Make way for the hospitalists
In the world of medicine, there’s a new kid on the block who’s making a difference in hospitals and patient care. Hospitalists, who are physicians who specialize in the practice of hospital medicine, are gaining popularity. From a two-year-old’s ear infection to the cancer pain of a 90-year-old, a hospitalist is ready and trained for these illnesses and everything in between.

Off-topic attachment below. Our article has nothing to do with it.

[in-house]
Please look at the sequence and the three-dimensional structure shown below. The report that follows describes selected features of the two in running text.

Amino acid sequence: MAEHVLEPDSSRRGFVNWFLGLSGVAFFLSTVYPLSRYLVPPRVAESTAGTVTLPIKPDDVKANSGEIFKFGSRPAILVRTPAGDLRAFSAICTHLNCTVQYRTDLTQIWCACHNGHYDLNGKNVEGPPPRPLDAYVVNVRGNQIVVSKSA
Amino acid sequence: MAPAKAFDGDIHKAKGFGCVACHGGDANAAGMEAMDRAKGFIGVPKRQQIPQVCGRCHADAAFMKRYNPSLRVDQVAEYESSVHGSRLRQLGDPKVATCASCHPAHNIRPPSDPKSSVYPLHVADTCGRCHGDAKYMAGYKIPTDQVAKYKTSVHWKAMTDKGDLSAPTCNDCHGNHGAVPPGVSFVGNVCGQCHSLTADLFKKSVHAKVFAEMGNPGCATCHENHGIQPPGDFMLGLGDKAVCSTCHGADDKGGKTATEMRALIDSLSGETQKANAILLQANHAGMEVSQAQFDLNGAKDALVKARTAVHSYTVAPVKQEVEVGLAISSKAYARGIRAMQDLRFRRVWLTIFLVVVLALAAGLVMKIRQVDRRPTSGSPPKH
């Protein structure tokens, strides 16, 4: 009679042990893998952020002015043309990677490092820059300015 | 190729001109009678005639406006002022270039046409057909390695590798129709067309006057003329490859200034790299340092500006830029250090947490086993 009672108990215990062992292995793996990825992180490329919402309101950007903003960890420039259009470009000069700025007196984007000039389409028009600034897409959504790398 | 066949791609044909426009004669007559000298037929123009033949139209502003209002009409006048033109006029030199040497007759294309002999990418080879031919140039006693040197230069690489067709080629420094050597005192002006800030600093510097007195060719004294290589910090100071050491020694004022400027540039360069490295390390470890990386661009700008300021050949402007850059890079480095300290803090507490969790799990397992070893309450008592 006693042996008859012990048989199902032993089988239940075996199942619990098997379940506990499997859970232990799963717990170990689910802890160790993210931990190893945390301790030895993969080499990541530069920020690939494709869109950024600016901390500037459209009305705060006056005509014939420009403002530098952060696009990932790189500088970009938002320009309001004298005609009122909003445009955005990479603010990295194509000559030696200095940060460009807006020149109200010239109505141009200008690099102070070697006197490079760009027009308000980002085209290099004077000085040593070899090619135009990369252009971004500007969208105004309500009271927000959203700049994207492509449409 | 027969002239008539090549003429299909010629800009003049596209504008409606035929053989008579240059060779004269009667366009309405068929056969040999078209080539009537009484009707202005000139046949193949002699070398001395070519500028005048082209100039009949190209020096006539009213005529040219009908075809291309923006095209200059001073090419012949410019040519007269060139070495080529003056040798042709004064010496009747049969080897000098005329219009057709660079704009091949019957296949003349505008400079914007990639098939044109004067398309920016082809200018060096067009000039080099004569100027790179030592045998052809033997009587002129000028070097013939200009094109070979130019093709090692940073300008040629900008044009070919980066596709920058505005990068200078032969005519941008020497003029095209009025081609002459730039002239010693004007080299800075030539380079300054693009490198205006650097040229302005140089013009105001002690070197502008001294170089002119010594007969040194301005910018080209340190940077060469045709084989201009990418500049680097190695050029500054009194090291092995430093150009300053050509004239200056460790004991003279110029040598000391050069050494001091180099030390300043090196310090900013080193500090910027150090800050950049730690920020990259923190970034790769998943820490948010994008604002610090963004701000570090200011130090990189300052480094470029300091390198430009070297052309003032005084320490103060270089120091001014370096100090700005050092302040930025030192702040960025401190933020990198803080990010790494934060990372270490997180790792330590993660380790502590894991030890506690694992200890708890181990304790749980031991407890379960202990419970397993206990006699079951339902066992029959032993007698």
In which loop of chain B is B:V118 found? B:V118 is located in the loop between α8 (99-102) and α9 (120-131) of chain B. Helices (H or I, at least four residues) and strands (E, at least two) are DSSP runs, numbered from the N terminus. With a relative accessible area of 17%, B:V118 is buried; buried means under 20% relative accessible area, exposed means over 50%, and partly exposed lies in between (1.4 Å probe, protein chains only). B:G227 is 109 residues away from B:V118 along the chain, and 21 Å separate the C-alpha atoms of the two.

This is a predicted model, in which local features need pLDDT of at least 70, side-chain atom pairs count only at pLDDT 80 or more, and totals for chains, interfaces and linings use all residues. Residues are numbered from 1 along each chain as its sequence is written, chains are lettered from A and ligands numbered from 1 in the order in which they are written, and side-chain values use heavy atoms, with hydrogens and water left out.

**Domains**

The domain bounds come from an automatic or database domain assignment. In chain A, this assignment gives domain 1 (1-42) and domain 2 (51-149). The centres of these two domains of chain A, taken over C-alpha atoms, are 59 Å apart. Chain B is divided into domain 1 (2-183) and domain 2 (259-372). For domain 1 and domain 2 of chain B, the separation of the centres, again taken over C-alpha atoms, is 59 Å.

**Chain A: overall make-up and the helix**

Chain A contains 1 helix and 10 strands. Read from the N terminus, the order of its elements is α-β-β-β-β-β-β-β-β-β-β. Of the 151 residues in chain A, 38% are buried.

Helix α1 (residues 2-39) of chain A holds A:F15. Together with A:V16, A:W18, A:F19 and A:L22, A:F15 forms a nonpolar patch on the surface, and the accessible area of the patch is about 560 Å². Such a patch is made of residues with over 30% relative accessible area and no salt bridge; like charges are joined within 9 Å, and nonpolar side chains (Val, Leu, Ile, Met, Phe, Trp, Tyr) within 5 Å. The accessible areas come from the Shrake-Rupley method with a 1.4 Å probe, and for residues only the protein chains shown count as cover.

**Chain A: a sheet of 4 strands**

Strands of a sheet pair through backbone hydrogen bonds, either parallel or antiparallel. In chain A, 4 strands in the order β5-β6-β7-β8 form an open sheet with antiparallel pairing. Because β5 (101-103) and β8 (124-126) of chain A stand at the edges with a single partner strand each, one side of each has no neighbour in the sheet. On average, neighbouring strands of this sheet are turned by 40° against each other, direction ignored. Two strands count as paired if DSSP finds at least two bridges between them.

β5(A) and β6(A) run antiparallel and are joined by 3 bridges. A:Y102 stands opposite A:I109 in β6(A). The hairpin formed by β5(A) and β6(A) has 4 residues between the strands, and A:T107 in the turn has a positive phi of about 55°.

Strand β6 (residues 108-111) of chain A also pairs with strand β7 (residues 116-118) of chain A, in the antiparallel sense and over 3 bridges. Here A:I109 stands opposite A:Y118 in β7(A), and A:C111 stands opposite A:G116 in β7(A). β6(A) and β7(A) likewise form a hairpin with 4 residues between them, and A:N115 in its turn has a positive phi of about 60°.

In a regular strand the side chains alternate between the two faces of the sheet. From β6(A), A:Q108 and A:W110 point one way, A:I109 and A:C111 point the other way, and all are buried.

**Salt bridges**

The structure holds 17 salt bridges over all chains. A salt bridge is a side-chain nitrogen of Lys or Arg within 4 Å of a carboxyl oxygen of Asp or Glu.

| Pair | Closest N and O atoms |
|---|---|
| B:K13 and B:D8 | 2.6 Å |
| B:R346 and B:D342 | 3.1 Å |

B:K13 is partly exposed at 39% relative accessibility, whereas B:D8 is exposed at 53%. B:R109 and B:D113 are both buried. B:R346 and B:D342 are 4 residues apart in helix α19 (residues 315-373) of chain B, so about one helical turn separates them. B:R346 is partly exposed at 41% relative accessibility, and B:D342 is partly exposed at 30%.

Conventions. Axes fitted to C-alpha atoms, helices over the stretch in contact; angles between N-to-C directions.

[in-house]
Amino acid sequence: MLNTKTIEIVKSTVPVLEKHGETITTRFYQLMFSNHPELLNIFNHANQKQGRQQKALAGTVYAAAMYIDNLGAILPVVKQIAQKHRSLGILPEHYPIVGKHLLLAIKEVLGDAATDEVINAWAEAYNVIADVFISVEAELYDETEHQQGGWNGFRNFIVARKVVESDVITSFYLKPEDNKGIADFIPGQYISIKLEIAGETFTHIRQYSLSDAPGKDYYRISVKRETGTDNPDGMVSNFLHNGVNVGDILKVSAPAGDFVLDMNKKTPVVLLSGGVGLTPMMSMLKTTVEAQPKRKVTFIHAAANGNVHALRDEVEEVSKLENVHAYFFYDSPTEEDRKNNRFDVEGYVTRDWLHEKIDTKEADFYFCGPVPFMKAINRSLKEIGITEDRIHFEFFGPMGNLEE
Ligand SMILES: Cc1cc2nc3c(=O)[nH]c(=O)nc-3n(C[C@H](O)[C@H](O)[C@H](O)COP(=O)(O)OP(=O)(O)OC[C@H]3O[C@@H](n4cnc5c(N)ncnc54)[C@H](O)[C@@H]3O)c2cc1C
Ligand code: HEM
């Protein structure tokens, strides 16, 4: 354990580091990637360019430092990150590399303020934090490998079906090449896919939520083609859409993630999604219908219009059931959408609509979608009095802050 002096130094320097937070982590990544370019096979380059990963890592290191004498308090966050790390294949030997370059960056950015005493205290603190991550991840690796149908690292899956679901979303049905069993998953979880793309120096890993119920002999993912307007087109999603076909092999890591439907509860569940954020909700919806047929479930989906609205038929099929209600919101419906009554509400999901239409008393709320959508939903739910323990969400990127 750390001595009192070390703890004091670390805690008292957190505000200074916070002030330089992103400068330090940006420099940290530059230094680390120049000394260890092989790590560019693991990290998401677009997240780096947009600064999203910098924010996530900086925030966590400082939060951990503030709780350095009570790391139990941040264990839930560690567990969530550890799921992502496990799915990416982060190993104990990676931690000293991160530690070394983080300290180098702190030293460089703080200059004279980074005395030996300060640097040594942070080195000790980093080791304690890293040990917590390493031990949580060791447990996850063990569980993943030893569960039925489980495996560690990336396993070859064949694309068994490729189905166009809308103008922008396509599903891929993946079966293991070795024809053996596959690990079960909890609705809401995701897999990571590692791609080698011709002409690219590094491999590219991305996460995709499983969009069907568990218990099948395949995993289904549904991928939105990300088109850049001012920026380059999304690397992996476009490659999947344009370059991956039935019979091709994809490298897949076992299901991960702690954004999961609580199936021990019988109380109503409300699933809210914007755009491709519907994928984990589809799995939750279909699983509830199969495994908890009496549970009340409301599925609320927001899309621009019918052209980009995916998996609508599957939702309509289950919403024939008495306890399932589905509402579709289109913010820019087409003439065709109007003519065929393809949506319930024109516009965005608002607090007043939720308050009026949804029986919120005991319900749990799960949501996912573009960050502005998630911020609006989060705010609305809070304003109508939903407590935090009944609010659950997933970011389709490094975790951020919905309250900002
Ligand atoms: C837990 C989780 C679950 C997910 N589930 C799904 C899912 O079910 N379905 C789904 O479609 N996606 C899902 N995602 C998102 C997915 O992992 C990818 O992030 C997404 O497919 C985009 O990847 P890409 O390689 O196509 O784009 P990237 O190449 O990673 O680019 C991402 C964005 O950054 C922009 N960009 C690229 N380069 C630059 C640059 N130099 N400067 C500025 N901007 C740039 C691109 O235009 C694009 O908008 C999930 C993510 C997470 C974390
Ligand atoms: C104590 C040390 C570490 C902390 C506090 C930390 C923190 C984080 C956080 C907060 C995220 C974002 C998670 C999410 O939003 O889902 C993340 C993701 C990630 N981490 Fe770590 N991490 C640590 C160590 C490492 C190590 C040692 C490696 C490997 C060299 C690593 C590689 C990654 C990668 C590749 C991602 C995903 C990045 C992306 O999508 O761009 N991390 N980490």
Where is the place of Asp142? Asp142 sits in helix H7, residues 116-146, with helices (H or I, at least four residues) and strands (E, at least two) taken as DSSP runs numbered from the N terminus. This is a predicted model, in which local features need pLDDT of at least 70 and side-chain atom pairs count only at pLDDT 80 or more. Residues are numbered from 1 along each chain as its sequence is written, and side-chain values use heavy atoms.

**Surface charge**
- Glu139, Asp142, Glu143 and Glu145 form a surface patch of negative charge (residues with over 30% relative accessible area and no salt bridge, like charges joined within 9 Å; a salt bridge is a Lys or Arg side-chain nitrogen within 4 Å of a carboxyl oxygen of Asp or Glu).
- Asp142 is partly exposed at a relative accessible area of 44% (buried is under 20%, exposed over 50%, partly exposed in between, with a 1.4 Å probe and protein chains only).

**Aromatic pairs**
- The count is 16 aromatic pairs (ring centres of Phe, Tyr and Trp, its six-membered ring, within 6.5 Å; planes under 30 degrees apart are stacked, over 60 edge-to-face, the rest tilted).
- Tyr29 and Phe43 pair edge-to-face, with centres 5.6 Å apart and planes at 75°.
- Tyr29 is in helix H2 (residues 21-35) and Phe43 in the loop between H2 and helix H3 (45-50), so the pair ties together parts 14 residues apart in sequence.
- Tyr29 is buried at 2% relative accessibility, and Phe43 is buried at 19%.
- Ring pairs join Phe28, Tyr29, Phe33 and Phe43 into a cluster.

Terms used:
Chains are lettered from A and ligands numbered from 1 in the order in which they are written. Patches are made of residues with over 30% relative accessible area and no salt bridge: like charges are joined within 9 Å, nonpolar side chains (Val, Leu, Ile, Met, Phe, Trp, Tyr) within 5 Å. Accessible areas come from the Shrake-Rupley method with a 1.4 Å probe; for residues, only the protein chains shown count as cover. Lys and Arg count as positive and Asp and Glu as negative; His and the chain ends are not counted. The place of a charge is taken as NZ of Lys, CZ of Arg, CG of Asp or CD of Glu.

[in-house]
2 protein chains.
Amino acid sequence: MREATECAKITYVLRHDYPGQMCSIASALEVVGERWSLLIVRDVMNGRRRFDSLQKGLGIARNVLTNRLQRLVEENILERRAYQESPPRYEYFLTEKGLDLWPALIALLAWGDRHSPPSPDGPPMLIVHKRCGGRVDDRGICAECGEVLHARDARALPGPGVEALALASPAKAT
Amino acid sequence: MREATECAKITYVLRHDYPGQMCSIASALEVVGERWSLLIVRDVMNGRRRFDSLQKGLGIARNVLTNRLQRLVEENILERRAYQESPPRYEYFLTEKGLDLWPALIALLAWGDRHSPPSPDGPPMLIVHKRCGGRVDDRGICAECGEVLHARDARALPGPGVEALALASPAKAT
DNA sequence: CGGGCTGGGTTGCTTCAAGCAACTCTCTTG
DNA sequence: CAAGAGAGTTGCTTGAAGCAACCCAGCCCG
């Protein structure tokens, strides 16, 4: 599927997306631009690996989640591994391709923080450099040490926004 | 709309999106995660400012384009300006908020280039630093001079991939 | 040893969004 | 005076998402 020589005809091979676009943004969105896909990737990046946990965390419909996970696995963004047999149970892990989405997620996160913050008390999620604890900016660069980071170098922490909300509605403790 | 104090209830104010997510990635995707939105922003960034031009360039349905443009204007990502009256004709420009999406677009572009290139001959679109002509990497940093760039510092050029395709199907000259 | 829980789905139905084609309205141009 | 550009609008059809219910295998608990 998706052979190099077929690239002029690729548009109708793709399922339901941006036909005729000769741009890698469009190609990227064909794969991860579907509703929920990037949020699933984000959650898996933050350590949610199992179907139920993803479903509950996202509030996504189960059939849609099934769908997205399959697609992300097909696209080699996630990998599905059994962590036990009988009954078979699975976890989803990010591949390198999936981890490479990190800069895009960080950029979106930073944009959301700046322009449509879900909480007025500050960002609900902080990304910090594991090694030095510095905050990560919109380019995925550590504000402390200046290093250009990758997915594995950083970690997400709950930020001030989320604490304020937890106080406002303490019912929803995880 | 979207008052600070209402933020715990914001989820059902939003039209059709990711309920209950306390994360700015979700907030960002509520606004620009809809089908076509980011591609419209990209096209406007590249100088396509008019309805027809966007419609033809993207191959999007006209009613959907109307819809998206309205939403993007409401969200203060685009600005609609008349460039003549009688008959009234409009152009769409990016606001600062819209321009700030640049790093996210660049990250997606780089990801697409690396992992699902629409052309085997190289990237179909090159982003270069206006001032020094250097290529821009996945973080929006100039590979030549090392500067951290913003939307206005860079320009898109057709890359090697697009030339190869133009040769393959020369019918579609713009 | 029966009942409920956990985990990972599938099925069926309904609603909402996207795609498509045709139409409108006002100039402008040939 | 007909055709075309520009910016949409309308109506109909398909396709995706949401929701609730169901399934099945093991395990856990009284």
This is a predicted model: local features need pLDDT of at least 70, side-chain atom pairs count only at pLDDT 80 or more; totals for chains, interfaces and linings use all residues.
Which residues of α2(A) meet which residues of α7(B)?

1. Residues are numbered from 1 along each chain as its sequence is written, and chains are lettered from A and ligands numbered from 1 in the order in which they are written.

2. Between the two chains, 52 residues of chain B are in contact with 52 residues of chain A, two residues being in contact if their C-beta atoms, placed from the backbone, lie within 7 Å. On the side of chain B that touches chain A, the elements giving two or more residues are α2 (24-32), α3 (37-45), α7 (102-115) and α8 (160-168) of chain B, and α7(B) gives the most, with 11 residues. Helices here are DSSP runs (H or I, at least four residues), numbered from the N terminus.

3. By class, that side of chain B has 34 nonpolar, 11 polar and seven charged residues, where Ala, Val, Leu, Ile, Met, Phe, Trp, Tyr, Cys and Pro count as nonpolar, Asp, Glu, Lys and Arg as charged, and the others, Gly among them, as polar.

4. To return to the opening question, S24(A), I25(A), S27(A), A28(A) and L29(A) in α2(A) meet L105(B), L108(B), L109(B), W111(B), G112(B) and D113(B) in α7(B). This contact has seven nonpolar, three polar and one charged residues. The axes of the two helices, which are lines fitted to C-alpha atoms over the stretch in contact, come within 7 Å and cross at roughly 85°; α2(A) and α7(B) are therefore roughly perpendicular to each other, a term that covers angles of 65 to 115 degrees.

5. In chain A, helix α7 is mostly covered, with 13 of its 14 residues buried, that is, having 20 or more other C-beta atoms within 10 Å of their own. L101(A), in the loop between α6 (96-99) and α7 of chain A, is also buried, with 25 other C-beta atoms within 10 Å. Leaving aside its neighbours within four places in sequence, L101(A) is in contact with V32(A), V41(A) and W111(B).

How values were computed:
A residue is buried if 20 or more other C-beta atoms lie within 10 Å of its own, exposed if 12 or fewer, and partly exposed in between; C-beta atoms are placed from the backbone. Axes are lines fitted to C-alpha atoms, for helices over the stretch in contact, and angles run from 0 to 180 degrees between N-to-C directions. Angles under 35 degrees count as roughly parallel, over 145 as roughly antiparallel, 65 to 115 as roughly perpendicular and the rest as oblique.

The term “hospitalist” was first coined in 1996 by co-authors, Robert Wachter and Lee Goldman in a New England Journal of Medicine article. This medical specialty has grown since that time to include scores of men and women, many of whom are board-certified in internal medicine, general pediatrics or family practice. They undergo the same training as other doctors, including medical school, residency training and board certification examination. The only difference is that they have chosen to practice in a hospital as opposed to a private setting.